A Tour Through History

Experience the area's rich history at the Elliott Museum or scuba diving through underwater wreckage.

The House of Refuge on Hutchinson Island. Courtesy of the Historical Society of Martin County.
Ever since Spanish gold from the 1715 Treasure Fleet, one of colonial Spain’s biggest maritime disasters, was discovered off the coast of Vero Beach, the area has been luring treasure hunters, beachcombers, and divers to its shipwreck-dotted shores. While many wrecks require a boat to access, the Georges Valentine, which rests in shallow waters 100 yards south of the House of Refuge Museum on Hutchinson Island, is beach-accessible. One of 12 under-water archeological preserves in Florida, the wreckage of the three-masted barkentine is home to soft corals and an array of sea life, including lionfish, moray eels, parrotfish, sharks, and stingrays. Divers and snorkelers can explore the site on their own or with a guide, which requires open-water certification.
Wreckage from the Georges Valentine in 1904, off the coast of Hutchinson Island. The House of Refuge stands in the background. Courtesy of the Historical Society of Martin County.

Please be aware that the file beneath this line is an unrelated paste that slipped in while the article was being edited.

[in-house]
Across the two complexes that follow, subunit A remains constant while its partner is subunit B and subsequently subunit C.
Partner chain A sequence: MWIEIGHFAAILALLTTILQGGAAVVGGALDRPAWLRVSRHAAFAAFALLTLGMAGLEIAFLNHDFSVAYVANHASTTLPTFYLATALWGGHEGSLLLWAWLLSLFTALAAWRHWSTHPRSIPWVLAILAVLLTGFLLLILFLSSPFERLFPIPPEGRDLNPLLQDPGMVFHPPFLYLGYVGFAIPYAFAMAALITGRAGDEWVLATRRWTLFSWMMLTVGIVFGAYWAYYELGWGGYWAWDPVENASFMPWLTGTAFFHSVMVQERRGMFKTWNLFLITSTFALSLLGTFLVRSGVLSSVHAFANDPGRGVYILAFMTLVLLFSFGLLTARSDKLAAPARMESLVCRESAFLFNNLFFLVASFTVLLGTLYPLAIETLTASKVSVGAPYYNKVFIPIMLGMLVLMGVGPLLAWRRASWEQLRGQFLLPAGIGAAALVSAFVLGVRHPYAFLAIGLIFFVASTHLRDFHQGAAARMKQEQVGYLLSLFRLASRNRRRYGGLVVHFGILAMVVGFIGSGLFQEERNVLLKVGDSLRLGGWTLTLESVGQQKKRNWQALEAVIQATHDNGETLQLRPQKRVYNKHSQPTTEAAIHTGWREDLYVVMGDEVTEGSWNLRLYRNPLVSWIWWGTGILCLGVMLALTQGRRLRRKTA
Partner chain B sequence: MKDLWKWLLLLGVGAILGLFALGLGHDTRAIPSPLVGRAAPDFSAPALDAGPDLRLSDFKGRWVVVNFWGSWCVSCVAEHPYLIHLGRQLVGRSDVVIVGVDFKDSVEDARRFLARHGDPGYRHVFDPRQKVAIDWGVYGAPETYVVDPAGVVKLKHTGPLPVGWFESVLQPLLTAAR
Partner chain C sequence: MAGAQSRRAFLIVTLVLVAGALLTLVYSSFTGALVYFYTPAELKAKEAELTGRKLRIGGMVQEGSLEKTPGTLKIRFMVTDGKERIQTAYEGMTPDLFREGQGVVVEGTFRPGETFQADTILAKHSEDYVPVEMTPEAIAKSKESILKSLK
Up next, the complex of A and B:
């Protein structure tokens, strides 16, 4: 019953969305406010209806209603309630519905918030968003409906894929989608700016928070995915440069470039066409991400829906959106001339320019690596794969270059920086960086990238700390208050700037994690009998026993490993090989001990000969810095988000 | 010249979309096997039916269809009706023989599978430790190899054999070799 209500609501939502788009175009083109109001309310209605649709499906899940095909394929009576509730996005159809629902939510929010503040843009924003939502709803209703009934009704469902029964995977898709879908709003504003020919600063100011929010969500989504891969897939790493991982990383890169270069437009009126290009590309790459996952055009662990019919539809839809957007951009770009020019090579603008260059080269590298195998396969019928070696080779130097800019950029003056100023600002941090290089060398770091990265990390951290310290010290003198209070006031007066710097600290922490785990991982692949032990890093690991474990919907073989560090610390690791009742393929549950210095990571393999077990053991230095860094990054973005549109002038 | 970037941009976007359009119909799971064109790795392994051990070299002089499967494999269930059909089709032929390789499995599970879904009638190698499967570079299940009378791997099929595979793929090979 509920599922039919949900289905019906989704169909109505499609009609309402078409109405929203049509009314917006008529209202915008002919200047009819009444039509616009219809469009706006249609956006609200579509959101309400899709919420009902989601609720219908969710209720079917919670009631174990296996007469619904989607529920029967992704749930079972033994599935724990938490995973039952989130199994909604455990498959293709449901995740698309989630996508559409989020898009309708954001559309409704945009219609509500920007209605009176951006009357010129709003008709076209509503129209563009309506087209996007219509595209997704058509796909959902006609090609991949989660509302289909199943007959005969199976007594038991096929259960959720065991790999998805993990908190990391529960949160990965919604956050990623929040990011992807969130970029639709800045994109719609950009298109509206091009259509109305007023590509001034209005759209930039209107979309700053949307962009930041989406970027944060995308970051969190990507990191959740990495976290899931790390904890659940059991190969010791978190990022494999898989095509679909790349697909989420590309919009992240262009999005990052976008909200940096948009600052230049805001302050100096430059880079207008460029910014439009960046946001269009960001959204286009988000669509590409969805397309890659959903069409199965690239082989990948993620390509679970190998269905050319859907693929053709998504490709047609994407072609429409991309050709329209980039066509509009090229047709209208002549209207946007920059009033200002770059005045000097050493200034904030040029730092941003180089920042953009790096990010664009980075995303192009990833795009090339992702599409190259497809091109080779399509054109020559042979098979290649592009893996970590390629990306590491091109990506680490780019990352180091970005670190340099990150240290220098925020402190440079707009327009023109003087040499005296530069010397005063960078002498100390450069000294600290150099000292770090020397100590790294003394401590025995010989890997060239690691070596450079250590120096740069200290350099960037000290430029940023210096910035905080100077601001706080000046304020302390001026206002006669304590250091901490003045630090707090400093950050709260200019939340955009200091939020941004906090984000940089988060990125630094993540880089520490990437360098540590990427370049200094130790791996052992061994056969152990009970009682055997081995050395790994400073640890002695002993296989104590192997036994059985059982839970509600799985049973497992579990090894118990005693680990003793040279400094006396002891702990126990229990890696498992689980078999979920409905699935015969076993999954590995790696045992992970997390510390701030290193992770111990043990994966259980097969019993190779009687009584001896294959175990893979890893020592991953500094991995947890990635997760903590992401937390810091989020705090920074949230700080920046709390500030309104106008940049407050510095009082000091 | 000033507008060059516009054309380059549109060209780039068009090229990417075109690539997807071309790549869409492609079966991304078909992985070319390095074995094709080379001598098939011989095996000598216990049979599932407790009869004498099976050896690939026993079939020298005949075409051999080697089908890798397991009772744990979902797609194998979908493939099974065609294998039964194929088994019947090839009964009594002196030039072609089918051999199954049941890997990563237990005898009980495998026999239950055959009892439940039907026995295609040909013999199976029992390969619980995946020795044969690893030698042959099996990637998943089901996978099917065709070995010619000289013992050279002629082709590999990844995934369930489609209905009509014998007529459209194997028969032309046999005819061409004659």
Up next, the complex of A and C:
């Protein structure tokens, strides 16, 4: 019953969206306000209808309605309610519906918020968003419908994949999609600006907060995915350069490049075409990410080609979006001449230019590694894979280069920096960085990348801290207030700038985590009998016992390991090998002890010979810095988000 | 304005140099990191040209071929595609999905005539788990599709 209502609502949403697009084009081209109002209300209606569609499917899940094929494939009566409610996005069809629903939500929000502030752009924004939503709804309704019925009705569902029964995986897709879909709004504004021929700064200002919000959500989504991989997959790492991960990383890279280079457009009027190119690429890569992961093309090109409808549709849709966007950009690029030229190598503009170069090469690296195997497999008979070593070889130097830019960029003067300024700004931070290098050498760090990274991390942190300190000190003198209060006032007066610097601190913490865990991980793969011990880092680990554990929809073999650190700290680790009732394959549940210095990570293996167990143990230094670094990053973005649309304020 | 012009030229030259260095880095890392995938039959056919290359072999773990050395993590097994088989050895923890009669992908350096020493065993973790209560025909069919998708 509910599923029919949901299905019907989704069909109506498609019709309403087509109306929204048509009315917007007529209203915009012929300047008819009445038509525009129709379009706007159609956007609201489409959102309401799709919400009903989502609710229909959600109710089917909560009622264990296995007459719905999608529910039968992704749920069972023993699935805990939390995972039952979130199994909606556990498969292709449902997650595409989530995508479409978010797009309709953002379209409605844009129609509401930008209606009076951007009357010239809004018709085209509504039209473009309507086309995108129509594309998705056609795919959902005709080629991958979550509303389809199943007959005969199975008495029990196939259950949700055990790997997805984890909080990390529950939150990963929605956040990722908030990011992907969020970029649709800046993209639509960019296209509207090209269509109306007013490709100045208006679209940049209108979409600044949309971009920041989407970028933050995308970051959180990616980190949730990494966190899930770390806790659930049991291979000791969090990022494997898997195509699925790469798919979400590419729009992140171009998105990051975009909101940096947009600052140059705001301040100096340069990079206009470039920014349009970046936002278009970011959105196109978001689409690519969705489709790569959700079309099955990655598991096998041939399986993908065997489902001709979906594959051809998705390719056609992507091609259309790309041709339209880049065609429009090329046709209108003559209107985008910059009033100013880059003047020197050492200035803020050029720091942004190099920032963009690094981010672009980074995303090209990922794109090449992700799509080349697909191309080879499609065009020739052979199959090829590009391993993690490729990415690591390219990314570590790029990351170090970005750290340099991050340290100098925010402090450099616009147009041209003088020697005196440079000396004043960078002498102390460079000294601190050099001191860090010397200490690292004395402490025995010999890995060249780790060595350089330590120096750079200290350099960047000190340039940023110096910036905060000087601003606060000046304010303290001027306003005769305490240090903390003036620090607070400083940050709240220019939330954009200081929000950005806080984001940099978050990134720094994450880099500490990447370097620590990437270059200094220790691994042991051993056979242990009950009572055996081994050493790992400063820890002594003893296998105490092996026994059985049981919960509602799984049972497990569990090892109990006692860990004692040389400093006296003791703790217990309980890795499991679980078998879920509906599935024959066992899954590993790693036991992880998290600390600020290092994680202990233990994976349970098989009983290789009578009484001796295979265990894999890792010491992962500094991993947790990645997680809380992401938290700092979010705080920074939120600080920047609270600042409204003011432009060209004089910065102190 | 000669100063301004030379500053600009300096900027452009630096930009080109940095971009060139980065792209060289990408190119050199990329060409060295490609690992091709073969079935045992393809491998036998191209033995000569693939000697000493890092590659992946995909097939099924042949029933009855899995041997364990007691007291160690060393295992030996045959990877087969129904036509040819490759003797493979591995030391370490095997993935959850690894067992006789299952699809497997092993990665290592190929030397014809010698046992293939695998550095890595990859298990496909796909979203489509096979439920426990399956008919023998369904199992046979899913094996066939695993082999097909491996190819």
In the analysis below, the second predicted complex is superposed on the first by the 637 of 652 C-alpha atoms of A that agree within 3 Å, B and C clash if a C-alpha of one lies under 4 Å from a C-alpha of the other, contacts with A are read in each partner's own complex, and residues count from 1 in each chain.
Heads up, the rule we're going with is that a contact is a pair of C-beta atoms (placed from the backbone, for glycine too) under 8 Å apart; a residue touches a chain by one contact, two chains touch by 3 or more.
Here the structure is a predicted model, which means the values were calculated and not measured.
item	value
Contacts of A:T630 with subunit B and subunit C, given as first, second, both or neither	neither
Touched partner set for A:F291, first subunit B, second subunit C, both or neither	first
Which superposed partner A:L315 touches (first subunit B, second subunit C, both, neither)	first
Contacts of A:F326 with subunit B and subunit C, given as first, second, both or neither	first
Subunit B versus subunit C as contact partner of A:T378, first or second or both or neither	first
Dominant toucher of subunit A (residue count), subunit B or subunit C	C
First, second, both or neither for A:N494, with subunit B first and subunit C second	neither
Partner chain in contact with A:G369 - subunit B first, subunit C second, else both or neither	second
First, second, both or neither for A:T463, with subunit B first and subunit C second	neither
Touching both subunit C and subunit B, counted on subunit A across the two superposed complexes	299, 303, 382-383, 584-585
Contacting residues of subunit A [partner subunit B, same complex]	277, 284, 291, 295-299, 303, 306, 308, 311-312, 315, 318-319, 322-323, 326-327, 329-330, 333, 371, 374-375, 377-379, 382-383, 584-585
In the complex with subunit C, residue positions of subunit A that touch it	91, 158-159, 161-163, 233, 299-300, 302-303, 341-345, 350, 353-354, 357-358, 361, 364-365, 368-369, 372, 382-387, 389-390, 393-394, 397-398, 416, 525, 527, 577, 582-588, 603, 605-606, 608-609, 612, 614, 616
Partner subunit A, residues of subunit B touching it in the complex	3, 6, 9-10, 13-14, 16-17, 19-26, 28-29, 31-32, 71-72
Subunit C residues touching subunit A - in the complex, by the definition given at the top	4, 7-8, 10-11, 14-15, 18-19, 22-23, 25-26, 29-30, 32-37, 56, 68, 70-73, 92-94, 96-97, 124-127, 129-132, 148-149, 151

If you don’t want to go it alone, Stuart Scuba, which has been leading wreck dives in the area for years, offers a daily dive package of the Georges Valentine site with a divemaster (one-tank $90/person; $65 each additional person). If you don’t have your own equipment, the dive shop also rents combo packs ($35) with a buoyancy compensator, regulator, and pressure gauge.

After your dive, be sure to spend some time in the Elliott Museum, where you can peruse the permanent display of rare archeological artifacts, including shipwreck treasures. Or take a tour of the House of Refuge, the last of 10 stations built along the Atlantic Coast in 1876 by the U.S. Department of the Treasury as lifesaving havens for marooned sailors.

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